Brexit Banquet


01   Fish in Chicks    
02   Lamb and 4 Clover
03   Chlorination Chicken
04   Deep Fried Lights

05   No Fish No Chips



Thursday January 21, 2021


Brexit Banquet is a set of recipes and transition scenarios for pre-enacting a disrupted food system.

The U.K.’s exit from the E.U. is already impacting local and global flows of ingredients—transforming how food is produced, consumed and traded. Brexit Banquet is a tool for tasting and evaluating a range of outcomes when every aspect of food culture will need to be reconsidered.

How can farmers, chefs, policy-makers and eaters acclimate to changing realities, flavours and new culinary landscapes?


Brexit Banquet is an initiative by the Center for Genomic Gastronomy.


︎ genomicgastronomy



No Fish No Chips 
What’s the catch?

Coastal UK

Sand eel lightly fried in batter with a side of mushy peas, tartar sauce and samphire (sub: non EU banana blossom for eel in vegan dishes).
With cod prices rising and most potatoes for chips coming frozen from the EU will the traditional fish and chips become a new luxury?

The UK imports most of what it eats, and exports most of what it catches. As one of the UK’s top 5 imported fish, cod has long been the star of the traditional fish and chips. Could changing prices and flows inspire local chip shops and pub kitchens to accommodate the local catch?

Blue whiting, herring and sandeels have been speculated by some to be amongst the influx of species to be caught in UK waters by UK boats post-Brexit. Sandeels are said to have become the largest single-species fishery in the North sea, with the vast majority of UK sandeel being landed in Denmark for processing into fish meal. As a hugely important part of the marine ecosystem and major target of the fishing industry, fishing sandeel has previously been banned off the east coast of Scotland and north-east England to protect the food supply of fish and sea bird colonies. (Additional link). Will the UK set out to protect depleted sandeel stocks, or might the UK develop the policy, market and large-scale industry to catch and process sandeels on a globally competitive level?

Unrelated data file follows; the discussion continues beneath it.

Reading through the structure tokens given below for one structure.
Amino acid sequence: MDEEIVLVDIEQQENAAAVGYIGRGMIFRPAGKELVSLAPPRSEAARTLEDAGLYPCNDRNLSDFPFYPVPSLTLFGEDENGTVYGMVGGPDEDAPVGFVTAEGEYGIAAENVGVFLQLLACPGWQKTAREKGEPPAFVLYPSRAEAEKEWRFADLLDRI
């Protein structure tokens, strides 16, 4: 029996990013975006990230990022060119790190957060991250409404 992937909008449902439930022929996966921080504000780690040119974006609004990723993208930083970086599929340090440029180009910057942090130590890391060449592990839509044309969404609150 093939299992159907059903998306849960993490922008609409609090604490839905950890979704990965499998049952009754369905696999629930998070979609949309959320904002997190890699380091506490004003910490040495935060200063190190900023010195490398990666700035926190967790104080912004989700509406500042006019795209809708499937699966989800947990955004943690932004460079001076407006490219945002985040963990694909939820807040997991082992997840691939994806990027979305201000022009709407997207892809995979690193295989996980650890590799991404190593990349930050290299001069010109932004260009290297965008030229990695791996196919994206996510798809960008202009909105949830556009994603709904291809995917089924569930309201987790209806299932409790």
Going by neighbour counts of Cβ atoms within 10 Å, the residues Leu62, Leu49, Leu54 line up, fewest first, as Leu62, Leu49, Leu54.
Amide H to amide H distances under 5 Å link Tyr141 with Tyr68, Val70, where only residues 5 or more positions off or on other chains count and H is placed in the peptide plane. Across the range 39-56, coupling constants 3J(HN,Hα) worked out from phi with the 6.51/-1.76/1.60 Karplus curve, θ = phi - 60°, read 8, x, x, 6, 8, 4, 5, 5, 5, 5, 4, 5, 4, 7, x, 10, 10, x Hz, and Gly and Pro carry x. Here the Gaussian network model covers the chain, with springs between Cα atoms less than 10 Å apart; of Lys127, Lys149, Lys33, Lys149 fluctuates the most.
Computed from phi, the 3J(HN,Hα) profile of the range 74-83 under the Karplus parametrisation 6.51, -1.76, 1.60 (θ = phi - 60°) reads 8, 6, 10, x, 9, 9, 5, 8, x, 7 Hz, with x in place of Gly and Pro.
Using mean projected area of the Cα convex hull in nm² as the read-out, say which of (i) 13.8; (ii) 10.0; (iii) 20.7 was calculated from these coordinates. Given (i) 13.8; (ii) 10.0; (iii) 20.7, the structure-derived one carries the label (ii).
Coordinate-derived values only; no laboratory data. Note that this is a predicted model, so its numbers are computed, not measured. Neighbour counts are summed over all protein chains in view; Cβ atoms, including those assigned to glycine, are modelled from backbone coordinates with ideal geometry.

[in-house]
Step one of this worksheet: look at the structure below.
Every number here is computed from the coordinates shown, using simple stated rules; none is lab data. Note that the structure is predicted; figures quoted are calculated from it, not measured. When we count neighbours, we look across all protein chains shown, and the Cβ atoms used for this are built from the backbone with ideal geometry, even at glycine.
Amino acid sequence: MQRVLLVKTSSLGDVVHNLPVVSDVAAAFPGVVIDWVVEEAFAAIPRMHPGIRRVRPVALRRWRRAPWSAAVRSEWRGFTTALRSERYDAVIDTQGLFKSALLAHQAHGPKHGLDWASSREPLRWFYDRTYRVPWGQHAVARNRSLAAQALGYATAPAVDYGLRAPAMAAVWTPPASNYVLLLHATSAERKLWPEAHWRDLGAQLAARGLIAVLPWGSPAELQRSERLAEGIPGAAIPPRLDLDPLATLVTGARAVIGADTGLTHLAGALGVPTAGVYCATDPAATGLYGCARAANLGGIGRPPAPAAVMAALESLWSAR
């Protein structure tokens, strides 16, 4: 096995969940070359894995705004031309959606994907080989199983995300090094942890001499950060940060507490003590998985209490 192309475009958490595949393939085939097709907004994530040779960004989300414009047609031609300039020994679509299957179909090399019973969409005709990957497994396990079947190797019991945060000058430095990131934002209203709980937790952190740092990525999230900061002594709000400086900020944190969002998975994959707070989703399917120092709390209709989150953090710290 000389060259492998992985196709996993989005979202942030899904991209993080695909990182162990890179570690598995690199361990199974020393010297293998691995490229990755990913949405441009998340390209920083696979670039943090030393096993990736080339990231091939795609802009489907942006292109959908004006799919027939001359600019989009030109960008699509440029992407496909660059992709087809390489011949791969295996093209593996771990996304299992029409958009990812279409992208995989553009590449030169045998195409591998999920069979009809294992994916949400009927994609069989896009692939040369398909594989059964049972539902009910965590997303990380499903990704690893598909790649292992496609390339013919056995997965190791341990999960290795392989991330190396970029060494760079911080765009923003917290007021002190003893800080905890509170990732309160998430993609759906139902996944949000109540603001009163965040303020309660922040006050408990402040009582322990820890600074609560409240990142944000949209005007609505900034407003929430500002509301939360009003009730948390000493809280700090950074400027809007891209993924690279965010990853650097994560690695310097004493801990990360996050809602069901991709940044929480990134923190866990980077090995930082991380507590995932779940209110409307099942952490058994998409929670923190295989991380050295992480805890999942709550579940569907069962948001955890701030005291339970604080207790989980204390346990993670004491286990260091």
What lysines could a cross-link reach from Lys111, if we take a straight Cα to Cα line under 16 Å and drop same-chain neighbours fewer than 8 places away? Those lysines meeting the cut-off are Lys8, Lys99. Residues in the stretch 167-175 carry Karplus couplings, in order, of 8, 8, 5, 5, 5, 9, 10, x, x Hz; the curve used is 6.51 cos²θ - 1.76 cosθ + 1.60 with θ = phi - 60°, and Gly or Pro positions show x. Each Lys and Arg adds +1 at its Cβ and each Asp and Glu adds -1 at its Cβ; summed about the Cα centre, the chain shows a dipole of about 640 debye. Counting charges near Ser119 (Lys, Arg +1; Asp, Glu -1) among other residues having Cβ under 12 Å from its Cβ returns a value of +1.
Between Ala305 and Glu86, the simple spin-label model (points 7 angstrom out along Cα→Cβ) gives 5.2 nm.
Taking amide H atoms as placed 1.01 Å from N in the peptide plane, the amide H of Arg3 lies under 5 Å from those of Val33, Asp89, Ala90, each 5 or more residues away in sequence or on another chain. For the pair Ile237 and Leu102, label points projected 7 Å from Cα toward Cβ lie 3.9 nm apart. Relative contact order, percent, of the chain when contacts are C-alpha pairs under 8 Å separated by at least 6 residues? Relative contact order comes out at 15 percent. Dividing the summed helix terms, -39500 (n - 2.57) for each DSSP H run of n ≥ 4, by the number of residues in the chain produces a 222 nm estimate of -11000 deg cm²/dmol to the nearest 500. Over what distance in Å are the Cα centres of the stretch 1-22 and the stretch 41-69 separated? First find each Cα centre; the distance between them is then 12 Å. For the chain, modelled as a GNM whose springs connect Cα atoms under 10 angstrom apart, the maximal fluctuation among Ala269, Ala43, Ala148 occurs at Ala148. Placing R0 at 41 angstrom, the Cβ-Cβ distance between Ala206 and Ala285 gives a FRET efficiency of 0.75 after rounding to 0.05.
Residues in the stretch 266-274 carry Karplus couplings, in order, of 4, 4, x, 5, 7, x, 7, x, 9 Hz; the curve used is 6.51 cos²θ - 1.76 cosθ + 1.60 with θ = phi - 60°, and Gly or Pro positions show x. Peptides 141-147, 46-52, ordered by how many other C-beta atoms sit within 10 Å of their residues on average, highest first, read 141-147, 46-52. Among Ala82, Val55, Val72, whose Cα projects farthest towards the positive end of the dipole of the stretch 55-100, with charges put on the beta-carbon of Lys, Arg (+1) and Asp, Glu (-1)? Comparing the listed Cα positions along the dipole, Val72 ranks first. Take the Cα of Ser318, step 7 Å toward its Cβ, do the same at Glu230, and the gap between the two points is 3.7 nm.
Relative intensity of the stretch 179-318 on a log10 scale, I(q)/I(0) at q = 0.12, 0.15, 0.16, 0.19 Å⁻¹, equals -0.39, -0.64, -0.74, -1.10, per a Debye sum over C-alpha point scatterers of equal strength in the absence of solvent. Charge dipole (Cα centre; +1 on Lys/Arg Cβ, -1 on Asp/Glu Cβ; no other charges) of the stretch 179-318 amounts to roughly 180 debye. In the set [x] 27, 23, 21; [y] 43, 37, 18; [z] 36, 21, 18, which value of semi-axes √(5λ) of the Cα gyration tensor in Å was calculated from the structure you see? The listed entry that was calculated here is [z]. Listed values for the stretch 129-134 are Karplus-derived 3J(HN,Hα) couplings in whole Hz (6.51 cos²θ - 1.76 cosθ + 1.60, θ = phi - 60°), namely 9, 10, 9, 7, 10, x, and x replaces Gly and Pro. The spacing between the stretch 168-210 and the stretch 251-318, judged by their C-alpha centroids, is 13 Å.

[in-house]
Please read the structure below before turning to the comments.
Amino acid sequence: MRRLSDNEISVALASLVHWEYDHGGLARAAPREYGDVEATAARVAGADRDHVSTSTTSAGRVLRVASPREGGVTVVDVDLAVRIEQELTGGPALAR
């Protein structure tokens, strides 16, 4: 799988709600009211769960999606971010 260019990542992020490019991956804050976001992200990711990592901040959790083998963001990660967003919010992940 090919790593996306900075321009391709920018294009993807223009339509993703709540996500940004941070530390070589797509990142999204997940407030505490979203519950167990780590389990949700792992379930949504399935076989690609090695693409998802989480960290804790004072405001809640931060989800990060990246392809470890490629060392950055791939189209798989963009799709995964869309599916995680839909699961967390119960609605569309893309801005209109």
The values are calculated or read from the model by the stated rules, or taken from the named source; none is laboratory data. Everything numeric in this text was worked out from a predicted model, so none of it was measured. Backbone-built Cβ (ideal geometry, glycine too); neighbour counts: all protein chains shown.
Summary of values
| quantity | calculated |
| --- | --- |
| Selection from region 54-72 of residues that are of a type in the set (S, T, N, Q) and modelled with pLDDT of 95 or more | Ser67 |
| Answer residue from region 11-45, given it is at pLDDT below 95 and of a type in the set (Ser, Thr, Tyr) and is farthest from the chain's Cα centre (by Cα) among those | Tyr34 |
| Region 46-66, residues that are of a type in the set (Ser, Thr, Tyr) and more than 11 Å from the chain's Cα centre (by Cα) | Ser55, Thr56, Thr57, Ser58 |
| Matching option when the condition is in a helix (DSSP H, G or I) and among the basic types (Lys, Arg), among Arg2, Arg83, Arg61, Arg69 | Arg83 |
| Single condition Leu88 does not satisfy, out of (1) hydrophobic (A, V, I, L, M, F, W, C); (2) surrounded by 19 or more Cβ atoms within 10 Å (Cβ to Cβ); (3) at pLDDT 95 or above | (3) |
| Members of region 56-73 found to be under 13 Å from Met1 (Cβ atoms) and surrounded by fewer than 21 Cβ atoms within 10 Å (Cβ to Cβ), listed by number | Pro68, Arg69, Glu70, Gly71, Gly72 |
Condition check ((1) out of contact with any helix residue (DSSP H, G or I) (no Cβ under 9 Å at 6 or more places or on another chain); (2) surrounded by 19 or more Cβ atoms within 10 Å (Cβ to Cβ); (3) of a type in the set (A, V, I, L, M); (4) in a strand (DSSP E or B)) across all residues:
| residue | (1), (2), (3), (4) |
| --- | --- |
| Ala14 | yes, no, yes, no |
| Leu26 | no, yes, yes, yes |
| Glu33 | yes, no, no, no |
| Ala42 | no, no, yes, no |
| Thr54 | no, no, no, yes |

What will the new Fish & Chip experience be with no (cod)fish and no chips? This dish deals with tensions between conservation, trade, industry, and nostalgia, experimenting with potentially low-cost local sandeels with a side of salty sea greens. Can the traditional chippy thrive even if the classic ingredients change?


3 cup peas
1 knob butter
1 handful mint

Oil for deep-frying
2 lb (1kg) sand-eels
3/4 pint of milk (leave 1/2 cup for batter)

1 cup all-purpose flour + a little extra
1/2 cup milk
1/2 cup water
1/4 cup baking powder
1 tsp salt

1 cup tartar sauce
5 handfuls fresh samphire


1. Prep the mushy peas: Add the butter and mint to cooked peas and mash with a potato masher and season to taste
2. Prep the eels: Take off the heads of the sand-eels, pulling out the gut as you do so. Make a 360 degree turn with a sharp knife behind the gills, flick the head out and off + the guts will come with it.

3. Rinse them and leave them to soak in milk for 20 minutes or longer (save 1/2 a cup for the batter).

4. Dry the eels lightly on a tea-cloth. 

5. Flour them and leave to one side.

6. Prep the batter: Whisk together 1/2 cup of milk, the flour, water, baking powder, and salt in a bowl until smooth.

7. Cook the eels: dip them in the batter and deep-fry them in the oil, which should be good and hot —about 475°F (250°C). You should only put a few in at a time, so that the temperature of the oil stays high, and you should take them out once they are golden brown. Salt them lightly before serving them piping hot.

9. Garnish with the side of mushy peas, tartar sauce and fresh samphire seasoned with lemon juice.